Point taken. So here’s my ignoramus question: We know that one of Detroit’s problems is that their older assembly plants do not have the “flexibility” to switch product lines like the newer ones from the transplant companies. Does this apply to engines as well? Can an engine plant have some comparable amount of “flexibility” across product lines? Sure, I realize that it’s likely to be difficult/impossible to switch on a dime all the casting/forging etc. operations between a turbo-OVC 4 and a pushrod V-8. But how about more similar engine lines, such as the Duratec or Ecotec variants, or among some of the V-6 engines? Could not one of the Ecotec plants instead do the Cruze/Volt engines as well?

  • avatar
    Stu Sidoti

    Quote Diewaldo: ” I am working for a supplier and the information that I got is that GM is currently building no cars in North America until the end of January.”

    Not building cars? So the car carriers I see running around are hauling decoys? I see-BRILLIANT Master Plan Rick-make people THINK that you are selling cars by DX-ing them between dealers on car carriers-GENIUS!!!

    As for Trucks…believe me they’re building Trucks and SUVS. Sales may be slow here in the U.S.of A. but in Central America and the Middle East SUV sales are causing Arlington and Silao to work OT…

  • avatar
    ca36gtp

    “Well, I’ve already shot myself in this foot, now the other one just looks left out…*BANG*”

  • avatar
    Redbarchetta

    Here is a question.

    If the Cruze and Volt ever see the light of day and I don’t think they will, won’t the fact the engine is being made in Europe effect the price point. The idea was to have cost savings by building the engine here not in high cost bad exchange rate europe. Plus doesn’t the engine they make there go in their european Opels and Fiats will that meet US EPA regs?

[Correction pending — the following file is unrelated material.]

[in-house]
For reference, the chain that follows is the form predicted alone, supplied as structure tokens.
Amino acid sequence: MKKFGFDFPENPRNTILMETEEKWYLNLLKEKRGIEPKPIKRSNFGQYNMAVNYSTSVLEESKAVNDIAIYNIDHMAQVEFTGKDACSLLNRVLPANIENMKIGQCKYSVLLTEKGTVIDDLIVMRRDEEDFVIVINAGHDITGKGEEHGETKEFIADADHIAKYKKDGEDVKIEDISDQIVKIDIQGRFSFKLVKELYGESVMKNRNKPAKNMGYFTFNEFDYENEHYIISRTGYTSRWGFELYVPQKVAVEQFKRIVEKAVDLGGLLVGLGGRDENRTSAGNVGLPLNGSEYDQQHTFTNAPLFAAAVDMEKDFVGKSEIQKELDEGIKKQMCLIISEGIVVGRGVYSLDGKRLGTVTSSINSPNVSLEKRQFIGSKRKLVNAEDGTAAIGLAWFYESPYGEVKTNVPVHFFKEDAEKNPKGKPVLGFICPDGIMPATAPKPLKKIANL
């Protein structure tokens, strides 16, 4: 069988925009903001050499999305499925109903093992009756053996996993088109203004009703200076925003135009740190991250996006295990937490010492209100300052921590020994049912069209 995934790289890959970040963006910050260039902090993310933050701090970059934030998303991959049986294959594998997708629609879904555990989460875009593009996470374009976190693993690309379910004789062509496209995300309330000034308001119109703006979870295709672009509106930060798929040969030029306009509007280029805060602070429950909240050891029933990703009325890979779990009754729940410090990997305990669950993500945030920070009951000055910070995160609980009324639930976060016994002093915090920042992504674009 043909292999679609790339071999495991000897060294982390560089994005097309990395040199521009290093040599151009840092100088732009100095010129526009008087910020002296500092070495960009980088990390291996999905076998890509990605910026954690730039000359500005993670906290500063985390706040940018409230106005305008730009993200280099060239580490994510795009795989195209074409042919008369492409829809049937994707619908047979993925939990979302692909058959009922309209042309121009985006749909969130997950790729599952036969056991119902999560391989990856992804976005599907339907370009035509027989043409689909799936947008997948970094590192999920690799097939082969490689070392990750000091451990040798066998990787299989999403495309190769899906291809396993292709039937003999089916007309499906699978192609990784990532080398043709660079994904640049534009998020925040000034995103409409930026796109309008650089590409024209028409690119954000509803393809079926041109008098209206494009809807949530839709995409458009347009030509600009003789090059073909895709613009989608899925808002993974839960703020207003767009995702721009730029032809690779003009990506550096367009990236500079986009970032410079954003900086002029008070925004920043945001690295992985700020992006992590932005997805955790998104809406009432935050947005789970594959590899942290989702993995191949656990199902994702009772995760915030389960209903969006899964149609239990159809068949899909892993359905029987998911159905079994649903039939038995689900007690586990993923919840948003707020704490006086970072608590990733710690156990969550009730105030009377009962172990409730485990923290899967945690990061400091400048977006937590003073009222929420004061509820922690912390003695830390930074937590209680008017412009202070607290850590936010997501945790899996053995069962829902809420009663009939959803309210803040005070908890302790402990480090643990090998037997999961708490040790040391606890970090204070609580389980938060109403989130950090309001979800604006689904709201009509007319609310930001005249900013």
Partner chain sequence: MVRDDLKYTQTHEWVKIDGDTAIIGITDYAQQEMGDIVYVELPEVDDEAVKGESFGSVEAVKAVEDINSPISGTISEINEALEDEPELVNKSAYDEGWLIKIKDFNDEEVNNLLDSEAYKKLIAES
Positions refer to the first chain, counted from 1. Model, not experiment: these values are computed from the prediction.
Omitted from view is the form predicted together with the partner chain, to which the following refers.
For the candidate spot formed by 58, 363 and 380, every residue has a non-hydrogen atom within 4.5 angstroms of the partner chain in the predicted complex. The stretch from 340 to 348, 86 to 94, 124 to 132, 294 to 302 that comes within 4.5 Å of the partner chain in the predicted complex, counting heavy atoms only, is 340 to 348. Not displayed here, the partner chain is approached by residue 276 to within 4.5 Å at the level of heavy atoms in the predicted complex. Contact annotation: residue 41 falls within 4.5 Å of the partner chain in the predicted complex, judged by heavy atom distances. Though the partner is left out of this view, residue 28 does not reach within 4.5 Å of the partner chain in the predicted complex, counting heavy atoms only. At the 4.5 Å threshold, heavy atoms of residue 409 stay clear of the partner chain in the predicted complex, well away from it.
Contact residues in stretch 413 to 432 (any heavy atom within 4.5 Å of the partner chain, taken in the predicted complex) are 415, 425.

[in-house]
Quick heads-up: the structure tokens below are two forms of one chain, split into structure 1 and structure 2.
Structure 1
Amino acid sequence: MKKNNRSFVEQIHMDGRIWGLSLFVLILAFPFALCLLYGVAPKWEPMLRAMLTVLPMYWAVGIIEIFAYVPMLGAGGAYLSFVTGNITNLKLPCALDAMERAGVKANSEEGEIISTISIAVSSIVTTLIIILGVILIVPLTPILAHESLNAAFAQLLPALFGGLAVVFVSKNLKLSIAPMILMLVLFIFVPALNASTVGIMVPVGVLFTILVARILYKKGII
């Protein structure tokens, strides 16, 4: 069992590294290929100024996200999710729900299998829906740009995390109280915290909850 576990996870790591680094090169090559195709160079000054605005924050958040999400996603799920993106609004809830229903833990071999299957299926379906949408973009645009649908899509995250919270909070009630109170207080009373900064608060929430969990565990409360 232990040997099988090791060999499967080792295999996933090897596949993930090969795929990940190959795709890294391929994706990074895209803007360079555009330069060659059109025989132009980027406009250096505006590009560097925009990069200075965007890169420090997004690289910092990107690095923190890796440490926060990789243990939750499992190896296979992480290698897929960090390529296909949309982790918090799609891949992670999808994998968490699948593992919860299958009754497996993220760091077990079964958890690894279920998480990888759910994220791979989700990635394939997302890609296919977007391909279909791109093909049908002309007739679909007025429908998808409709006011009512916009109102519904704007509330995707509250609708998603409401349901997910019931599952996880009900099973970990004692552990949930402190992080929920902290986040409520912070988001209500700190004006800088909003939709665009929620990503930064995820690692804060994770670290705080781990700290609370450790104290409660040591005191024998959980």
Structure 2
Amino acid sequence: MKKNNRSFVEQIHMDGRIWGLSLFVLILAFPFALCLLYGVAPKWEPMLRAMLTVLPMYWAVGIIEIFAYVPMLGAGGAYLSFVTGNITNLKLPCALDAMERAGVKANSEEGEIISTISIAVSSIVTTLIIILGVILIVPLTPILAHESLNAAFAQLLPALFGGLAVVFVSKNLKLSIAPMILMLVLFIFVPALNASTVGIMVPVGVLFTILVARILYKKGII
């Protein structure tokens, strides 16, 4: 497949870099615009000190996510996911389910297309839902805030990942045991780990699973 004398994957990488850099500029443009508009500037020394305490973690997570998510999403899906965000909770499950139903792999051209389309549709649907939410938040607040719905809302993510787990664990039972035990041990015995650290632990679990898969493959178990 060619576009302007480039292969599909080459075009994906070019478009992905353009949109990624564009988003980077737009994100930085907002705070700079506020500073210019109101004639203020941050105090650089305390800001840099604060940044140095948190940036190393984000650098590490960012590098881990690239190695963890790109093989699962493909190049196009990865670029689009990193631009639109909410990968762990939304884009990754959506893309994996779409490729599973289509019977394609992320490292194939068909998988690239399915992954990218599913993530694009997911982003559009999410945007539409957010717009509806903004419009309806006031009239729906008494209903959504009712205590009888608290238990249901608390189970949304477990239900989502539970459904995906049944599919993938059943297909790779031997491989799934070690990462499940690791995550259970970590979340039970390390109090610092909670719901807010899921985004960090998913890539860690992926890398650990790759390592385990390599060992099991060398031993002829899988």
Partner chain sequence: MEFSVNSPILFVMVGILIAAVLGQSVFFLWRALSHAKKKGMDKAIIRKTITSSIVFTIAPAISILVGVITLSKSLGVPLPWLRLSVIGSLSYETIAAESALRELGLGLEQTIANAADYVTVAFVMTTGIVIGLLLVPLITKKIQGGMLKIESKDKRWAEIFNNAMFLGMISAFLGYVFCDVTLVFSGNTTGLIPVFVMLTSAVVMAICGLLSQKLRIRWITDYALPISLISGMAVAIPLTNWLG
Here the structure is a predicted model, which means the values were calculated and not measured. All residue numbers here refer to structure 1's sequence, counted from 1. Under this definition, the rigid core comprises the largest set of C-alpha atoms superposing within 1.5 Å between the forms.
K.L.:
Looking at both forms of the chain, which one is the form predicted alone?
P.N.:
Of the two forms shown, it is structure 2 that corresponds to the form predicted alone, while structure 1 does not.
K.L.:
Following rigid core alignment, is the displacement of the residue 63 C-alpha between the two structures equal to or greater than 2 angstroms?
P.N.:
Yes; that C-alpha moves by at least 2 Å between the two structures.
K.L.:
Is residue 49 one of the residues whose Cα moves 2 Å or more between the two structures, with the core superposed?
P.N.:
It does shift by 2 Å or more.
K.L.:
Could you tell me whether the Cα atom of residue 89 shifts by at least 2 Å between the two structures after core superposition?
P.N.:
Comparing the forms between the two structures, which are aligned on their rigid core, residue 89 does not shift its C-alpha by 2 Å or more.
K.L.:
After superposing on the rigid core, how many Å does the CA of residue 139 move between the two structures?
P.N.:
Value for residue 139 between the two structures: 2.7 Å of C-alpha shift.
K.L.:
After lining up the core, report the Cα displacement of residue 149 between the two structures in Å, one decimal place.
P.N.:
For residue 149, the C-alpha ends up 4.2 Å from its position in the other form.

So they lied about not being able to make the Cruze now because the engine wasn’t ready. Never trust GM, lieing bastards.

  • avatar
    PeteMoran

    Didn’t they have an existing engine they could have modified to get the Volt out the door? At least when initial volumes are likely to be so low?

    (Slaps forehead) Oh, I see they did, sitting in Austria!

    Product Planning failure count ##? (I haven’t been here long enough to know what the count is up to, but it must be HUGE).

  • avatar
    porschespeed

    But duuude, what about the Camaro?

  • avatar
    PeteMoran

    @ porschespeed

    Whoa, the Camaro was to run 1.4L 4-banger?!?

  • avatar
    KeithBates

    @ Redbarchetta

    If you already own a building, and the tooling, and have a qualified staff
    to assemble it, you would probably save money importing the engines,
    rather than building another manufacturing plant, more tooling, training